From start to finish, a blaze raged on for six hours on Thursday, Sept. 6 at the Batesville Casket Plant in Manchester. The paint booths, instead of coating caskets, were coating the walls in heavy smoke and fiery heat.
Manchester Fire Rescue received the call at 4:56 p.m. and firefighters were on the scene before 5 p.m. When they arrived, they were met with flames rising 10 to 15 feet above the ventilation stacks over the paint rooms – the structures are located furthest from Monogard Drive.
The building was evacuated in under 10 minutes and all Batesville Casket personnel were accounted for. Firefighters from the Tullahoma Fire Department and Coffee County were called in to help and everyone went to work.
The paint room is controlled by robots – it was not designed for humans to work in the area. This made it extremely difficult to get to the seeds of the fire, explained Manchester Fire Chief George Chambers.
The firefighters, each carrying and wearing 200 pounds of gear, had to maneuver through tight spaces, through painted areas and over 6-foot high vats to get to the flames.
“Our guys go in with black gear on and we come out looking like Dalmatians,” Chambers said.
With Manchester’s ladder truck, a crew went onto the roof and flooded the ventilation stacks. They cut one open and dumped 1,000 to 2,000 gallons of water into the rooms, Chambers said.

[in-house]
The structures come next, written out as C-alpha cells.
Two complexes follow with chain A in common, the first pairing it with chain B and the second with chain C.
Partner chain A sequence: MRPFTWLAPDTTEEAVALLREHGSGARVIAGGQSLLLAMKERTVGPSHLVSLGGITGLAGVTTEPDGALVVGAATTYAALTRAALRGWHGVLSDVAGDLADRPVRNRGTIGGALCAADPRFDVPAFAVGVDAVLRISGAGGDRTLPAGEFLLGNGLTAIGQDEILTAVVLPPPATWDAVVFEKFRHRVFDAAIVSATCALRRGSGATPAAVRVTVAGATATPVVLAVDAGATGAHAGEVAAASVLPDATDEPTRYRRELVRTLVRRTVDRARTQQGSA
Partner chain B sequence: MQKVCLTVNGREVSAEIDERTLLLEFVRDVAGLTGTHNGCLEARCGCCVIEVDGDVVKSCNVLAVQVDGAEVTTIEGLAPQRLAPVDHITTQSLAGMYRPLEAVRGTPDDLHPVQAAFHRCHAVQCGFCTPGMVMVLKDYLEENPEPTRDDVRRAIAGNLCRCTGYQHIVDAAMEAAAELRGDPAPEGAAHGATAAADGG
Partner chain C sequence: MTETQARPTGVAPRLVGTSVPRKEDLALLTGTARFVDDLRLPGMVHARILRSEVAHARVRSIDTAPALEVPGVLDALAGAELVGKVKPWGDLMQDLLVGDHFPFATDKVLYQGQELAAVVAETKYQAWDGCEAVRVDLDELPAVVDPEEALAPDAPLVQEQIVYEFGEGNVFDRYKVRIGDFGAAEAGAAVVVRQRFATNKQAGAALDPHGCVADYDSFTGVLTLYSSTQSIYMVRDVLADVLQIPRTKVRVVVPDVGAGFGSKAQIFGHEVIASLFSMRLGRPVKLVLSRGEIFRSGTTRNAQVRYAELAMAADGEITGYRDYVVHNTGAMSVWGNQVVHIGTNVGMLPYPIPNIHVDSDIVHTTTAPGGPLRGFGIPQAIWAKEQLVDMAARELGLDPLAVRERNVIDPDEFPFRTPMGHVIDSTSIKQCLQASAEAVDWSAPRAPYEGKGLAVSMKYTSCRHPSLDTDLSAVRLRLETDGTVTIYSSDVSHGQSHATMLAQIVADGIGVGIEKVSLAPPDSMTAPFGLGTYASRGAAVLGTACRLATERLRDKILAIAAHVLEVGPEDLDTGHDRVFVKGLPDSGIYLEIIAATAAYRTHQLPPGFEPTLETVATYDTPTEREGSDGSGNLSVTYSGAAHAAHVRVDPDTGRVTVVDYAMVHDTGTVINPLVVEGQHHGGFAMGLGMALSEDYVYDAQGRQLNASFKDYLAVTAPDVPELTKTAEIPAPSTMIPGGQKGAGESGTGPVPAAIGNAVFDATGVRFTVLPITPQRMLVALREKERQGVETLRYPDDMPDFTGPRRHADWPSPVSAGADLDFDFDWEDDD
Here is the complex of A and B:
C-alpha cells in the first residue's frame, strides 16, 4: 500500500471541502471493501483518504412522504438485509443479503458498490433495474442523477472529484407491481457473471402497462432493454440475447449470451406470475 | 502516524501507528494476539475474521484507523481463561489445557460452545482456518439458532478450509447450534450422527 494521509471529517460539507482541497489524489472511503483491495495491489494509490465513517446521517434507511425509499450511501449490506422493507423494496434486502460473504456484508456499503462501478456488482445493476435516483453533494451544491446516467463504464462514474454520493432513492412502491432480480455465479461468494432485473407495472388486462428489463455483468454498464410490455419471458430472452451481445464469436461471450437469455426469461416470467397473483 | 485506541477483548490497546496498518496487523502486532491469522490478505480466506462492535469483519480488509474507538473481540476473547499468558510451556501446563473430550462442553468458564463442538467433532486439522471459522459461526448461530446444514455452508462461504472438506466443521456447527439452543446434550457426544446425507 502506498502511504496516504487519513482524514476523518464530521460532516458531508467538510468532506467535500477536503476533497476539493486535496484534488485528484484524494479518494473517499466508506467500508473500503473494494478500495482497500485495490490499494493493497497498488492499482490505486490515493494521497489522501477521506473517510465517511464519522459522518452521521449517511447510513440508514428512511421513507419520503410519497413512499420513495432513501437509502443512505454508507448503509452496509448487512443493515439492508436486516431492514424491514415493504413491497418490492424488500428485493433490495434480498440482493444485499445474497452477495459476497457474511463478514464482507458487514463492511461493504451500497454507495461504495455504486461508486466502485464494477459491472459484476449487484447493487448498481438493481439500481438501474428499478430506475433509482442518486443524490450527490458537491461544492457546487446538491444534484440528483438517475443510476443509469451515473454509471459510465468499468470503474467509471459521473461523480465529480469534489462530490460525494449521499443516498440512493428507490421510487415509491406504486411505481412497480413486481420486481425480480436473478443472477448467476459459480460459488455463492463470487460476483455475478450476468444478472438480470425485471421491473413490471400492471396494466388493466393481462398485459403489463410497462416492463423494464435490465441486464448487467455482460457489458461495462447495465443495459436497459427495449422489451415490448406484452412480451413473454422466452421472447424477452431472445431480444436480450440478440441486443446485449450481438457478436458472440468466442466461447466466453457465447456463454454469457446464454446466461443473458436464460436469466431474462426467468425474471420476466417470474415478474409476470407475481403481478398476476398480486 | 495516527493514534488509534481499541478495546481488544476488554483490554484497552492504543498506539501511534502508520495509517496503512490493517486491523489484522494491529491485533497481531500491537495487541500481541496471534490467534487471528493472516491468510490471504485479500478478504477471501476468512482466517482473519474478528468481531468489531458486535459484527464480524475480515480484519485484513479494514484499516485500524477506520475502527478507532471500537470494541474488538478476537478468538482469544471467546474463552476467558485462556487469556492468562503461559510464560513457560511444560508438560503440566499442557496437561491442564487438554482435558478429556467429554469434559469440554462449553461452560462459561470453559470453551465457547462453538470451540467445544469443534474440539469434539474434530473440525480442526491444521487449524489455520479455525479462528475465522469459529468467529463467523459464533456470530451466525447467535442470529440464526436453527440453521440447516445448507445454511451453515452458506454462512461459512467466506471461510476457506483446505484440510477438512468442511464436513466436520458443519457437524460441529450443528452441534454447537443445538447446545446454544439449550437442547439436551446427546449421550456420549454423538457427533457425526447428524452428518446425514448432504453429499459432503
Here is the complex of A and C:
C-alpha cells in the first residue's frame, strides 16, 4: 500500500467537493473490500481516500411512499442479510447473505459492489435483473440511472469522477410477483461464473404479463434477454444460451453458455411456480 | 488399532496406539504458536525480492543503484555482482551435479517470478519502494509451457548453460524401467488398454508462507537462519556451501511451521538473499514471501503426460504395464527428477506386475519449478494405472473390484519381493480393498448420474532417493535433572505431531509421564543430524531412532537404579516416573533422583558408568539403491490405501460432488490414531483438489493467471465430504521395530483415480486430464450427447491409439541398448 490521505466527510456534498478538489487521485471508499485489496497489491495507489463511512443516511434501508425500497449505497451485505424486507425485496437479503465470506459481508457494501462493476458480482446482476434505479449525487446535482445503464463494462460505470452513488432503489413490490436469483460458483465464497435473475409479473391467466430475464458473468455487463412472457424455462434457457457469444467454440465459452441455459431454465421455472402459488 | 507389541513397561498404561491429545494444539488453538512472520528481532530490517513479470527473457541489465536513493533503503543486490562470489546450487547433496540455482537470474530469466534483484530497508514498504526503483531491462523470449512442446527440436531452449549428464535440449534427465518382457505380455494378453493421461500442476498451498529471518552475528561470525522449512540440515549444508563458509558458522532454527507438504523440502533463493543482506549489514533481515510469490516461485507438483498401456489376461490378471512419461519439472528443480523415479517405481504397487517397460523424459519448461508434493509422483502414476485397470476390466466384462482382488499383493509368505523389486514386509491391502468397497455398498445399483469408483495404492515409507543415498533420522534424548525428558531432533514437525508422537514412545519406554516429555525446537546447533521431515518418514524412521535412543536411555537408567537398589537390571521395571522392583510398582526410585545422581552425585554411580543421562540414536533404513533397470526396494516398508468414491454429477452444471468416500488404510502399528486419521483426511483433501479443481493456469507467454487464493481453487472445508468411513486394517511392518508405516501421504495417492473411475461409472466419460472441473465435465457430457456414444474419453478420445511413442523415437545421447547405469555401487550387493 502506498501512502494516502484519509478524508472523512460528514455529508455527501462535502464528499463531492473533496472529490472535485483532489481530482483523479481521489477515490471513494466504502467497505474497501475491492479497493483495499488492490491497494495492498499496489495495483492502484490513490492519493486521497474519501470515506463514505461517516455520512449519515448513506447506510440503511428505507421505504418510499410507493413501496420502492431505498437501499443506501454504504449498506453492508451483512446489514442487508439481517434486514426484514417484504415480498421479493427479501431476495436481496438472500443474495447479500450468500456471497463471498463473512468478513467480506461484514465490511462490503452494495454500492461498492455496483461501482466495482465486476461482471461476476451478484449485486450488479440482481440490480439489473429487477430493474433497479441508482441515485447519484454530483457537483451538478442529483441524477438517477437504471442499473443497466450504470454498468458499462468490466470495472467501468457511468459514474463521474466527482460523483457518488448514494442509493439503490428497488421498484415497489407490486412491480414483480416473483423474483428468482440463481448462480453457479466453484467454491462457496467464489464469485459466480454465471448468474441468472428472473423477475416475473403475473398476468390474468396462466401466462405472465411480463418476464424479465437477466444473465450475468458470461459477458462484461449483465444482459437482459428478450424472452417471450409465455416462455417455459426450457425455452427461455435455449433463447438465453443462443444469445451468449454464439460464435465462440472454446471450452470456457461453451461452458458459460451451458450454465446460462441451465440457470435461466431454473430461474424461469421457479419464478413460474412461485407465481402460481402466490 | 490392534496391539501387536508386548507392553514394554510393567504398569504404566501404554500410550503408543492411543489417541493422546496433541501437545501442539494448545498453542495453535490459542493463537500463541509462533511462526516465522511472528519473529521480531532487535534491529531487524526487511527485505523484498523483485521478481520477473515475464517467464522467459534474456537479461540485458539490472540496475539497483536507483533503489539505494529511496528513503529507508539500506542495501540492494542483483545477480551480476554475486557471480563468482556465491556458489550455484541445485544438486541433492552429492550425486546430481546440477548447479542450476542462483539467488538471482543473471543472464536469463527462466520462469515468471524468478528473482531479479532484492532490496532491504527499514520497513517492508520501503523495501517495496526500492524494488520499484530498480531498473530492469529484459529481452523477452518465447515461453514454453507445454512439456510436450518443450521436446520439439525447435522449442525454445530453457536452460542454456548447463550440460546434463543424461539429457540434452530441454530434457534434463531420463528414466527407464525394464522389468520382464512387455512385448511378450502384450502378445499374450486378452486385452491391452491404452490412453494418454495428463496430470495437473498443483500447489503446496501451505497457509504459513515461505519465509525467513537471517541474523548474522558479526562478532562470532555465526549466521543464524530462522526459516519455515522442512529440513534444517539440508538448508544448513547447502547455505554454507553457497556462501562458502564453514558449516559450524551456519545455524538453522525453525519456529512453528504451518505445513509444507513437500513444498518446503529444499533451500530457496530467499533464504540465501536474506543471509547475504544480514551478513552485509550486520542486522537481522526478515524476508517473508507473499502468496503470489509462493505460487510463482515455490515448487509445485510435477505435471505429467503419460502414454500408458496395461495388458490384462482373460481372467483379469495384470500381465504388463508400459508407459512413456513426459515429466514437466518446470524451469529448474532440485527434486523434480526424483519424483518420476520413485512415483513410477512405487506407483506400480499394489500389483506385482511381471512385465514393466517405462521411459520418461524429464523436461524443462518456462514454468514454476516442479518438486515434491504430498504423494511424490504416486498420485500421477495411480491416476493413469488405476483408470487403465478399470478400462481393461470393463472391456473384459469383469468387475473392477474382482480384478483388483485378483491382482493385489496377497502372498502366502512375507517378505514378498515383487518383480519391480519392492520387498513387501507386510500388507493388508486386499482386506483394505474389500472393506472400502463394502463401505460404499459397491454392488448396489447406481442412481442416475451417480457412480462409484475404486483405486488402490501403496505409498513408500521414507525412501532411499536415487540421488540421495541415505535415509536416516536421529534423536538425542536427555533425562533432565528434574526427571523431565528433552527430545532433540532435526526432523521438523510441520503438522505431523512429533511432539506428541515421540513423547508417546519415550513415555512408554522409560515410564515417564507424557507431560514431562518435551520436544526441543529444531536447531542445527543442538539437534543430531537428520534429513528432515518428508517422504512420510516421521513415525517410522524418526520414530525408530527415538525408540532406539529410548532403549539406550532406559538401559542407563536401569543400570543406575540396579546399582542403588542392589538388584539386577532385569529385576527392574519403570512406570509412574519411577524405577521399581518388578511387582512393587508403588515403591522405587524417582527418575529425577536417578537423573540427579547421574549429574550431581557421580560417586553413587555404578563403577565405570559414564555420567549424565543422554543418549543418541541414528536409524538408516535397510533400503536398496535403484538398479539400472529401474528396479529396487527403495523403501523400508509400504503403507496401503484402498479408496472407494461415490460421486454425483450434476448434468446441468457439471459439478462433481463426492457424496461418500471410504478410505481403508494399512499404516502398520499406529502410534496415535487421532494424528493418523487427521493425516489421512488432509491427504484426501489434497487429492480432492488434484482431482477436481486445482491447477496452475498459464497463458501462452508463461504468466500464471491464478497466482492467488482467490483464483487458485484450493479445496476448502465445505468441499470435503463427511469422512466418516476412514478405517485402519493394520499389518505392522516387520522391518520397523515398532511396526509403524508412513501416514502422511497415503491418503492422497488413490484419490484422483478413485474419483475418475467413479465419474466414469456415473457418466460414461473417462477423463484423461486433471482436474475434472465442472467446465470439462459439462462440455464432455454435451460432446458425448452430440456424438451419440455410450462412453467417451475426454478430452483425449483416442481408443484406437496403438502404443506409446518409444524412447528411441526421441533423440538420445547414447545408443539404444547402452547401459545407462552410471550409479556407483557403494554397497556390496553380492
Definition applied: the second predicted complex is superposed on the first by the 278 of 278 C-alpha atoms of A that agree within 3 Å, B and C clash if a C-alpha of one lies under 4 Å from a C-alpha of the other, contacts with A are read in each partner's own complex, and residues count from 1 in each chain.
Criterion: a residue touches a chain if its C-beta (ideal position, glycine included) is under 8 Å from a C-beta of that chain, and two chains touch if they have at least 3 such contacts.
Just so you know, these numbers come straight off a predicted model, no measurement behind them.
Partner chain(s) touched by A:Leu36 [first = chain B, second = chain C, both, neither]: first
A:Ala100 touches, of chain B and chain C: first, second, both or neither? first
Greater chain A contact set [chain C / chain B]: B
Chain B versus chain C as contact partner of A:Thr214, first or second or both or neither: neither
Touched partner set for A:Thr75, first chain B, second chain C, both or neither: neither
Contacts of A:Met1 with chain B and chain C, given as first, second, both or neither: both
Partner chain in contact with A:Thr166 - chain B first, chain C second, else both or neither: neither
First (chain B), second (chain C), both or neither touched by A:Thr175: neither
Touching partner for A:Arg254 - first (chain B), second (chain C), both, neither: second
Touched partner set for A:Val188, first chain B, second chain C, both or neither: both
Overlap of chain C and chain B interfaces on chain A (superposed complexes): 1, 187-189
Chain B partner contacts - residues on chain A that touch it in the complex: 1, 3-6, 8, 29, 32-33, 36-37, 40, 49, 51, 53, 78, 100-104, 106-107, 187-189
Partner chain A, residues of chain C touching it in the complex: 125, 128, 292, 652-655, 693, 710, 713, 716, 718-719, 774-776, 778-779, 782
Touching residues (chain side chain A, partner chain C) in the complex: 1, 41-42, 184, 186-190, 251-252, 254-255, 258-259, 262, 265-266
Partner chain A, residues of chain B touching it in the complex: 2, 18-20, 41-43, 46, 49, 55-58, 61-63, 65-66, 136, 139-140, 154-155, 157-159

The fire was put out by 11 p.m. thanks to the combined efforts of Manchester, Tullahoma and Coffee County officials. Arnold Airbase firefighters responded twice to the scene to assist, county EMS and EMA provided non-fire support to the firefighters, such as providing a shelter from the rain and water, and the city water department gave the firefighters all the water they needed to put out the blaze.
“All of us come together and work as one department,” said Chambers.
No one was injured during the fire.
“Last night a fire broke out in our Batesville Casket Plant in Manchester,” John Linville, Batesville’s vice president of supply chain said in a statement issued Friday morning. “The plant followed emergency protocols, and we are thankful to report that there were no injuries. We are grateful to the outstanding efforts of the Manchester, Tullahoma and Arnold Air Force Base firefighters, state police and other emergency personnel.”
Linville confirmed the fire was limited to one area of the plant and said remediation experts were on site Friday to begin the cleanup process.
“The warehouse that housed product was not impacted,” he said. “Product will continue to be shipped from the facility today [Friday}.”
It is unknown at press time what caused the fire and to what extent the plant was damaged. Chambers estimates that a couple of the paint booths were heavily damaged, as well as the smokestacks. The floors, which were flooded with about 3 inches of water, were completely dry the next morning. The investigation into cause of the fire is ongoing.
The plant, located at 175 Monogard Drive, employs 500 people, 150 of whom were on shift when the fire broke out, according the statement from the company.